Establishing Woolworth's Northern Powerhouse
Frank Woolworth was relieved at he success of his his first store in Liverpool, which had exceeded its sales target. He booked the next available crossing to return to the UK, inviting his store location expert, E. J. Smith from Buffalo, New York, to join him. They landed in February 1910.
A year earlier he had scoured the entire country with his cousin Fred in search of 'ground zero'. They had noted a dozen widely-spread towns that appeared ideal. But their first British recruit, William Stephenson, had evangelized an alternative opening plan, which clustered the first branches together so that they could share a common supply line. Frank agreed that the Lancashire and Yorkshire Railway could expedite the transfer of stocks from Continental Europe back to North America. As a result he and Smith set to work building a northern powerhouse along the line, which broadly followed today's M62 motorway from the West to the East Coast.
They had to overcome resistance from potential landlords following a poor press in the Daily Mail. It had reported that the Woolworth cowboys sold tomahawks, like those that Red Indians used to scalp people!
Fortunately the Church Street venture had impressed one influential local businessman. Owen Owen, the founder of a popular department store chain, had admired the breadth of the product offer and had expressed surprise that 'the bazaar business' could be raised to such a level. He had offered to lease a property in Liverpool's London Road at a low rent, for a second store in the City. The endorsement helped to turn the tide of opinion.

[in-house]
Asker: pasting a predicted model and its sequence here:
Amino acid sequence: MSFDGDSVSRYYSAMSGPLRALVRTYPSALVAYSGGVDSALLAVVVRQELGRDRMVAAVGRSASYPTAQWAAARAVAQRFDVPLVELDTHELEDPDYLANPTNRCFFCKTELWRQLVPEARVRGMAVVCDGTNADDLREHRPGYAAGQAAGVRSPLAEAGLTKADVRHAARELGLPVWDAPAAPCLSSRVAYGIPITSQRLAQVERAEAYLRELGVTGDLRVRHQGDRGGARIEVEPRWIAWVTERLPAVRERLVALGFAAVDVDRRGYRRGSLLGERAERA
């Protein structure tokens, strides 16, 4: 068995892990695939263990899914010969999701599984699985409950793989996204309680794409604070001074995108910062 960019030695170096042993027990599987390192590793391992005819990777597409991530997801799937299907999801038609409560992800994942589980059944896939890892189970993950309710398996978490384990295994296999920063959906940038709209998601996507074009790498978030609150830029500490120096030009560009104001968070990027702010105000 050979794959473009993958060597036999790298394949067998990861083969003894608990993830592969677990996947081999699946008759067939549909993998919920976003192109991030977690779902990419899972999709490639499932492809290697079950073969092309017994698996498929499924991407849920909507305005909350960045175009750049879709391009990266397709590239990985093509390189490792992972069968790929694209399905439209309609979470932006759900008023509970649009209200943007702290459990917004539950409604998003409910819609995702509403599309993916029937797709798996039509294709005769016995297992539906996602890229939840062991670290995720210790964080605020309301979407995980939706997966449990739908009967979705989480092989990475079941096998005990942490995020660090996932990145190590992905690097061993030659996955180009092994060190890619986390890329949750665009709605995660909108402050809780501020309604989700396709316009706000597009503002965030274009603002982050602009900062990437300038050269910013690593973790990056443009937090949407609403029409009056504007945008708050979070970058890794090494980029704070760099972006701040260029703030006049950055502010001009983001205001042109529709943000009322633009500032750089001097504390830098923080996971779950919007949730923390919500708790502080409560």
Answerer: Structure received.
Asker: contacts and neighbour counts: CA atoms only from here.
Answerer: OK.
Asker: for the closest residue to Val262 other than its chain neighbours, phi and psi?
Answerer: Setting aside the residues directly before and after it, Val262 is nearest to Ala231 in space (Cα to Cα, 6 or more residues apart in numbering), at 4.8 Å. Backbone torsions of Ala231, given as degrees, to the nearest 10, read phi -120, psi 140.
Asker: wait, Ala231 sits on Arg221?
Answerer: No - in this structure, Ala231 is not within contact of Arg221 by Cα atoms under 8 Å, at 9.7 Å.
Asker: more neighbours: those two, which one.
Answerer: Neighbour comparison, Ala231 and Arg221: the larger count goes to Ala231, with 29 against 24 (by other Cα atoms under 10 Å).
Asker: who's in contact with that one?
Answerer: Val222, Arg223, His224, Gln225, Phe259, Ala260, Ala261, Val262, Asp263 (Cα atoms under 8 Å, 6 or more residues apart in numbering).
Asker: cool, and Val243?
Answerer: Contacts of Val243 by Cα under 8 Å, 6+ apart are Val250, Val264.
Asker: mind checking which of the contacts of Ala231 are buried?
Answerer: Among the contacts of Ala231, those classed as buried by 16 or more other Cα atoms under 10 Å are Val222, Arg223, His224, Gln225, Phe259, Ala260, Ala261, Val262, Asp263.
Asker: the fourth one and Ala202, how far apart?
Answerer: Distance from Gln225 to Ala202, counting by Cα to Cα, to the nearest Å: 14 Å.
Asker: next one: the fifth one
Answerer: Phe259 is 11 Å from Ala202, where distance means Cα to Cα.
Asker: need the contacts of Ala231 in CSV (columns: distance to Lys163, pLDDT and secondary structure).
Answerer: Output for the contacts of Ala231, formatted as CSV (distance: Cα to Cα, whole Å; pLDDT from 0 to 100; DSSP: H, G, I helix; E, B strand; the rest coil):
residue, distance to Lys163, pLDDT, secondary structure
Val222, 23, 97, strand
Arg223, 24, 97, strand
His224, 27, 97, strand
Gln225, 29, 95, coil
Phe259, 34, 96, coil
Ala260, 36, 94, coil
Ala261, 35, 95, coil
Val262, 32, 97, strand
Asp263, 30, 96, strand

London Road is about two miles away from Church Street. Then as now it was a distinct shopping area. In 1910 it attracted a fashionable clientele, as well as students and academics from the neighbouring red brick Victoria University of Liverpool, which had recently been established. Woolworth and E.J. Smith liked both the building and its location and were quick to ratify the deal.
Liverpudlians may recognise the site, on the edge of Monument Place, which is now home to a Tesco Express store, which opened in around 2010, adjacent to the surviving T.J. Hughes store which once headquartered a much larger chain.
In parallel plans were also agreed to open in Preston, about twelve miles to the North East of Liverpool. Frank considered this market town to be ideal. He noted the fine buildings and the affluence of the factory workers from Horrockses Cotton Mill.
Preston had a track-record of "giving it a go". The forward-looking Council embraced the arrival of a threepenny and sixpenny store. Woolworth demanded that the London Road and Fishergate branches in the same week, figuring that it would be necessary to open several in stores in parallel if the chain was to expand at pace. He engineered a rivalry between the teams working on the two buildings. Fishergate was first past the post, opening its doors five days before London Road. New Director John Ben Snow planned elaborate entertainment to drum up support for both events. The Preston ceremony drew a very large crowd. There was nearly a riot as people surged through the doors. Counters were knocked over in the rush. The timely arrival of the Lancashire Constabulary saved the day. As a precaution, Snow wisely invited 'the busies' to take tea upstairs in the hour before curtain-up at his next openings!